Schizophrenia May Be Diagnosed By Testing Nerve Cells From The Nose
A report on the study is due to be published in the July 2013 print issue of Neurobiology of Disease, a version of which is already available to view online.
At present, schizophrenia can only be confirmed physiologically through sampling the brain during an autopsy. So diagnosis relies on psychiatrists giving patients batteries of psychological tests, and interviewing patients, their families and their friends.
In their study paper, Noam Shomron of TAU's Sackler Faculty of Medicine, and colleagues, describe how they developed a potential way of diagnosing schizophrenia by testing microRNA molecules in neurons removed from the nose via a simple biopsy.
Shomron says in a statement released this week that he and his colleagues anticipate this could lead to a "more sure-fire" way of diagnosing schizophrenia than ever before. It could also lead to earlier detection of the disease, which could vastly improve treatment.
Before this study, the only way to test for biomarkers for schizophrenia was to sample cells taken from the brain, which could only be done after death.
But then Shomron and colleagues had a hunch that perhaps olfactory neurons located in the upper part of the inner nose might also offer some biomarkers.
For their study, they collected olfactory neurons from patients diagnosed with schizophrenia and a control group of individuals without the disease, and ran them through high-throughput sequencers that can scan the microRNA molecules in the cells. MicroRNA molecules don't code for proteins but they help to regulate gene expression.
The results showed that nose neurons from the schizophrenia patients had much higher levels of one particular microRNA (called miR-382) than those taken from the unaffected controls, as Shomron explains:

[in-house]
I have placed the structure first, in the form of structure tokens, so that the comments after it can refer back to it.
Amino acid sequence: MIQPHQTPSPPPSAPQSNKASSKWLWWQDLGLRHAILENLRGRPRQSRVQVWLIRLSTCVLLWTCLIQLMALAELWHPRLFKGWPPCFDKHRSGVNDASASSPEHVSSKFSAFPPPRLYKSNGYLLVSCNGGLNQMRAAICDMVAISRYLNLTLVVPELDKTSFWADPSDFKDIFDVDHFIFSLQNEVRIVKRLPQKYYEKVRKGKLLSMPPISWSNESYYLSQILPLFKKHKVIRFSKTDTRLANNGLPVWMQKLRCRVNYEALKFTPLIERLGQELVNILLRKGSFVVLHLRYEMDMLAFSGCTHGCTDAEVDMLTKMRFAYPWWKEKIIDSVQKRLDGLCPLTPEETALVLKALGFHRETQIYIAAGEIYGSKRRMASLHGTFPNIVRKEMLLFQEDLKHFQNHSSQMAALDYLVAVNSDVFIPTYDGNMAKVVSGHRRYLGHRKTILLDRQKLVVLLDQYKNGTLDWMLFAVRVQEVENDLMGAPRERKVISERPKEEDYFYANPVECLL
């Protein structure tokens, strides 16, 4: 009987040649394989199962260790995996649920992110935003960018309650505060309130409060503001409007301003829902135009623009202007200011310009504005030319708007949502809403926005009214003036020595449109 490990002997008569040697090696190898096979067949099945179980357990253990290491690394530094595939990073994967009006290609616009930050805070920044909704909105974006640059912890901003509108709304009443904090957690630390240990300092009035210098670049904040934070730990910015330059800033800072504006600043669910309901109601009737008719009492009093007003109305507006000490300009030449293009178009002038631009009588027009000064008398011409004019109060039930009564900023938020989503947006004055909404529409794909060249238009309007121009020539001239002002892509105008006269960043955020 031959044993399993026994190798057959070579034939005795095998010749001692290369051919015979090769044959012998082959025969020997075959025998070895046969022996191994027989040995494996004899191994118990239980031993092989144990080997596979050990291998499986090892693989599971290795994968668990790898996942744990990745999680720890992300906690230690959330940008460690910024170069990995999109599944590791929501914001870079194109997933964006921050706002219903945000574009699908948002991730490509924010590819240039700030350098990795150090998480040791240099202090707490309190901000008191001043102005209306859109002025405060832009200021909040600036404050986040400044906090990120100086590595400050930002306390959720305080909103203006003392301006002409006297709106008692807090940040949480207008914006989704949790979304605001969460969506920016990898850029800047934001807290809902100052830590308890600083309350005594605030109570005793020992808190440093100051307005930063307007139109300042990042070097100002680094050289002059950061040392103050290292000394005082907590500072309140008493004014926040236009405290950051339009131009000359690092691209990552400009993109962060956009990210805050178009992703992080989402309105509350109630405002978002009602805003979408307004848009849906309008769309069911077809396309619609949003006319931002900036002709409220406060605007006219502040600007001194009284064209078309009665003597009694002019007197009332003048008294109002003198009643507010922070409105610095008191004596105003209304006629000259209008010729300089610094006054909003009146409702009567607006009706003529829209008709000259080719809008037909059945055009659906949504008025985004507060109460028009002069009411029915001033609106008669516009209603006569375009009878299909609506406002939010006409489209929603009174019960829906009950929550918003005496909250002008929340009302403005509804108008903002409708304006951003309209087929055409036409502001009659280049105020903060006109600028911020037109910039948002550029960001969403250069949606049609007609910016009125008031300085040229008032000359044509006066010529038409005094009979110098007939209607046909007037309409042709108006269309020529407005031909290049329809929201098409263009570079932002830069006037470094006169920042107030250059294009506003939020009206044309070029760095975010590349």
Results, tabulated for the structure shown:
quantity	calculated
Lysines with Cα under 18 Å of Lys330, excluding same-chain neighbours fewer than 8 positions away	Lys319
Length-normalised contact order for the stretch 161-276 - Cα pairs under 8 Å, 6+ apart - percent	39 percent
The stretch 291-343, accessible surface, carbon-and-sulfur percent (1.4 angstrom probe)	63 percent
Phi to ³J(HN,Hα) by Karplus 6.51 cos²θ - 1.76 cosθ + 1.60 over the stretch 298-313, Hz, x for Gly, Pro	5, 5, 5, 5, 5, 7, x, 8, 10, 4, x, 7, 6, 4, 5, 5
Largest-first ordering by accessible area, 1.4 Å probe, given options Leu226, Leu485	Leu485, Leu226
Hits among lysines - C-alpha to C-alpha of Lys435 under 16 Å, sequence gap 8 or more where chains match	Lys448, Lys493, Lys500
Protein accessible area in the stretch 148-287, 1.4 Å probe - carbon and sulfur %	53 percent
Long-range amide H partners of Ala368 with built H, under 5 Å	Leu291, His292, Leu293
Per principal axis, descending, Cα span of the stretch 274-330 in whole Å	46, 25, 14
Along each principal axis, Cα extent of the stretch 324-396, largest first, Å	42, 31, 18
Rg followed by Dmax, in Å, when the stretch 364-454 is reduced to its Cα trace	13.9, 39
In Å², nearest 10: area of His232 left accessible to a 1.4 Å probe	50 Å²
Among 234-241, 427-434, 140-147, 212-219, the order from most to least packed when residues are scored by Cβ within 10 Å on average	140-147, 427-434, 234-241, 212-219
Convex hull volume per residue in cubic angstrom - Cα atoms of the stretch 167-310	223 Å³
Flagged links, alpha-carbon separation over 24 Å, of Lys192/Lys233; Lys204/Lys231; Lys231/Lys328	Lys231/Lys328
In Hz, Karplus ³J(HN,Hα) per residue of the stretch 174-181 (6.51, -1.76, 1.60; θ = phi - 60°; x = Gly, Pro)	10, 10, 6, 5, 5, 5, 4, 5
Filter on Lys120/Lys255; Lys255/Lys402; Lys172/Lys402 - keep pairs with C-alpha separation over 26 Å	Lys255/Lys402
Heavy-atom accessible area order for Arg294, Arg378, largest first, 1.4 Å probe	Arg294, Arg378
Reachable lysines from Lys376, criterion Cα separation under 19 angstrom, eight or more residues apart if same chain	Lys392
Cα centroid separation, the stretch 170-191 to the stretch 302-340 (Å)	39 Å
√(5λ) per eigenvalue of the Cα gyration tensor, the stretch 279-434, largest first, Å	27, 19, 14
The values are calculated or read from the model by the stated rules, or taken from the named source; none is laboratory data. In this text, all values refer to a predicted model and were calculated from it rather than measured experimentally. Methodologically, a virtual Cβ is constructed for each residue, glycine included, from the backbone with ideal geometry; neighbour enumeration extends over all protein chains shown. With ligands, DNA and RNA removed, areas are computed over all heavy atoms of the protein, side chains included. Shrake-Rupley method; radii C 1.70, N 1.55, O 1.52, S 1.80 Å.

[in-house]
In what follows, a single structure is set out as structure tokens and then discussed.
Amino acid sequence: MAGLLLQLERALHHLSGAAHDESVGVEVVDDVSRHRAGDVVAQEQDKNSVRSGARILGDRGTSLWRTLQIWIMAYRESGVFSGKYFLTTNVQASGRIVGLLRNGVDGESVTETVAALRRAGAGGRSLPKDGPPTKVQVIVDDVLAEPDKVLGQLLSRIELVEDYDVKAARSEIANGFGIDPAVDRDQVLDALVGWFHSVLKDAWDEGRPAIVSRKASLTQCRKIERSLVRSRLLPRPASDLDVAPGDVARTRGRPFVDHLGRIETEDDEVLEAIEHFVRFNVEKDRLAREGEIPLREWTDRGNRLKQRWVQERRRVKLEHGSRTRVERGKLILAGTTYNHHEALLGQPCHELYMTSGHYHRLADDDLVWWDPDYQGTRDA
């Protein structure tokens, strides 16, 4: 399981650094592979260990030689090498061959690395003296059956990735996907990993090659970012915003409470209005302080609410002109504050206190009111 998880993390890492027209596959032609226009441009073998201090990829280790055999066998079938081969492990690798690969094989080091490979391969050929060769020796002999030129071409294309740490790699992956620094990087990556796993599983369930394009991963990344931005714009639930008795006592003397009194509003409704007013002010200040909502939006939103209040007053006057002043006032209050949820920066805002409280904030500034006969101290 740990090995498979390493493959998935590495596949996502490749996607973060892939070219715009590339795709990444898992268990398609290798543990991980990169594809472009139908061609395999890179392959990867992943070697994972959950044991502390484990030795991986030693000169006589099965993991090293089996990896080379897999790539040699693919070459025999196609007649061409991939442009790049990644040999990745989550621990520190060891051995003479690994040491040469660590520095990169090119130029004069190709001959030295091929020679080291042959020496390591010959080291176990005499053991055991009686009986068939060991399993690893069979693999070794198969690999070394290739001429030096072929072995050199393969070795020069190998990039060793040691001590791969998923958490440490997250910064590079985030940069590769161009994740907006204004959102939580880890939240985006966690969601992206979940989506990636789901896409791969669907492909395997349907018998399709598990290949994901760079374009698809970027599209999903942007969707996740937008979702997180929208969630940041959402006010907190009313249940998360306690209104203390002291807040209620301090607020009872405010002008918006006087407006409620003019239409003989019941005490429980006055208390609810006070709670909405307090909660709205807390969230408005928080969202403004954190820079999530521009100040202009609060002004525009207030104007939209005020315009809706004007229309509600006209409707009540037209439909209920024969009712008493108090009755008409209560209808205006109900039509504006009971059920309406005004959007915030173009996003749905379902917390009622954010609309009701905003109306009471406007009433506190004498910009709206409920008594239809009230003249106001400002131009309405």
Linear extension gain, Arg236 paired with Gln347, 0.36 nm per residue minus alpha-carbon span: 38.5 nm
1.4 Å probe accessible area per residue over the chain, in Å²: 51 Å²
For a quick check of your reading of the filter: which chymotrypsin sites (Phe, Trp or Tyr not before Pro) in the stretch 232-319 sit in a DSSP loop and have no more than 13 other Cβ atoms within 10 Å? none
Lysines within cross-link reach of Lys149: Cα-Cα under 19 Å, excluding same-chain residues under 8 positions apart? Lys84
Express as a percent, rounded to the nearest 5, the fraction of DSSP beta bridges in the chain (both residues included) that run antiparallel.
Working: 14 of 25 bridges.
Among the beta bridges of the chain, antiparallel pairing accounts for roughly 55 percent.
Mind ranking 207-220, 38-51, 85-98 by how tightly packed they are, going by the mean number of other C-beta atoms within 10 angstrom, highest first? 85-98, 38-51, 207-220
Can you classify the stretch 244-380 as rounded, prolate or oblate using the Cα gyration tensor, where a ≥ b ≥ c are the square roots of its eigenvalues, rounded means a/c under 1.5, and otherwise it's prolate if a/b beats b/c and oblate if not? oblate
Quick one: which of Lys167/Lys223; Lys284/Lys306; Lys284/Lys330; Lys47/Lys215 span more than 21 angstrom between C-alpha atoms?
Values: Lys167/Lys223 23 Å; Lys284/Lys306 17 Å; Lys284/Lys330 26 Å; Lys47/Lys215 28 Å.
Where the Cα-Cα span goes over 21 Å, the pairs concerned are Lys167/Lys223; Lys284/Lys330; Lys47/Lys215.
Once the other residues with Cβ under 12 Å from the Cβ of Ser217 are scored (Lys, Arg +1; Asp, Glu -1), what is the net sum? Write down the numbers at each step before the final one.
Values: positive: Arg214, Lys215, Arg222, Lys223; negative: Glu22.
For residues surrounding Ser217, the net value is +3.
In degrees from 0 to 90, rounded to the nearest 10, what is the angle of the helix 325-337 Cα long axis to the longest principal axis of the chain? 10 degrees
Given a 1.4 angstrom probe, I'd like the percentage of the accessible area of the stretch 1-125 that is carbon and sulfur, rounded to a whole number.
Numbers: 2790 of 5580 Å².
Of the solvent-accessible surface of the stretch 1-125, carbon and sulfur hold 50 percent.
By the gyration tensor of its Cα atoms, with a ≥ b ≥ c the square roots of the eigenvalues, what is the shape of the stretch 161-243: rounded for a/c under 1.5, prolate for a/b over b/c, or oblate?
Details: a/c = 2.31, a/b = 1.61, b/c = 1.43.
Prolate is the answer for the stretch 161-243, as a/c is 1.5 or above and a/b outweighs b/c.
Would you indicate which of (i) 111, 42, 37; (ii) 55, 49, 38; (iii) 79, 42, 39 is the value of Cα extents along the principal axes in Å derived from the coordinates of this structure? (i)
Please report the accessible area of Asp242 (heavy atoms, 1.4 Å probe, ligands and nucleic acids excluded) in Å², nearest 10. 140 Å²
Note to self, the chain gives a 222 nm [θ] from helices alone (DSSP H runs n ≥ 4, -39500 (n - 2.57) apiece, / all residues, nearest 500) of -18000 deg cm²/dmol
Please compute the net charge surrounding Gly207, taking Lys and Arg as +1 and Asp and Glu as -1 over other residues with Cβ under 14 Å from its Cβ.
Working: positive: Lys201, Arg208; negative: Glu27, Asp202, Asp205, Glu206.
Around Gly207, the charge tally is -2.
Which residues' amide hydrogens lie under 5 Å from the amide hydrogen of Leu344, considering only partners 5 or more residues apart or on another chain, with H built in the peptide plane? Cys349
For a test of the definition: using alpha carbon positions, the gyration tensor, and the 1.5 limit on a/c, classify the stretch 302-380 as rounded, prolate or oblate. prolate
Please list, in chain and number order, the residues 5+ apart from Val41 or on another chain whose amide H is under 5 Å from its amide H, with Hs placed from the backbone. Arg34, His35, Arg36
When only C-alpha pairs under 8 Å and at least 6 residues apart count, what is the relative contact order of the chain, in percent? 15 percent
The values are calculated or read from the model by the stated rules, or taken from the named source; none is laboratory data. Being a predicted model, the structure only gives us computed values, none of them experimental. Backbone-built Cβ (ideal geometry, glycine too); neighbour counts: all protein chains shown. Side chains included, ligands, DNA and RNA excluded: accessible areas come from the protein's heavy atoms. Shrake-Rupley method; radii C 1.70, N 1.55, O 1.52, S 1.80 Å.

"We were able to narrow down the microRNA to a differentially expressed set, and from there down to a specific microRNA which is elevated in individuals with the disease compared to healthy individuals."
After some more research, the team found that this particular microRNA molecule regulates the expression of genes that are involved in the creation of neurons.
A clinical test based on this method would involve taking a small biopsy using a local anesthetic. This could easily be done as an outpatient procedure, says Shomron.
And with today's microRNA sequencers, the profiling could be ready in hours.
The researchers say their method could lead to a simple, quick and accurate test for a complicated illness.
Although Shomron has high hopes, he says there are still some questions to answer with further studies before we can be sure such a test is viable.
For instance, it is not clear whether the changes to microRNA expression begin before schizophrenic symptoms show, or after. If it happens before, or near the beginning of the timeline of the disease, then the test would be an invaluable diagnostic tool because it would help early detection, which would mean earlier treatment.
It could even, perhaps, increase the chances of delaying symptoms. For instance, in people with a family history of schizophrenia, such a test could show whether they also have it.
And while such early warning doesn't mean a cure is imminent, it does help patient and doctor prepare for what may lie in store.
The study also shows there could be potential for using nose neurons as surrogates for brain neurons in other types of research.
In another recently published study, researchers from Columbia University Medical Center suggest that an excess of the brain neurotransmitter glutamate may trigger psychosis in people who are at risk for schizophrenia.
Written by Catharine Paddock PhD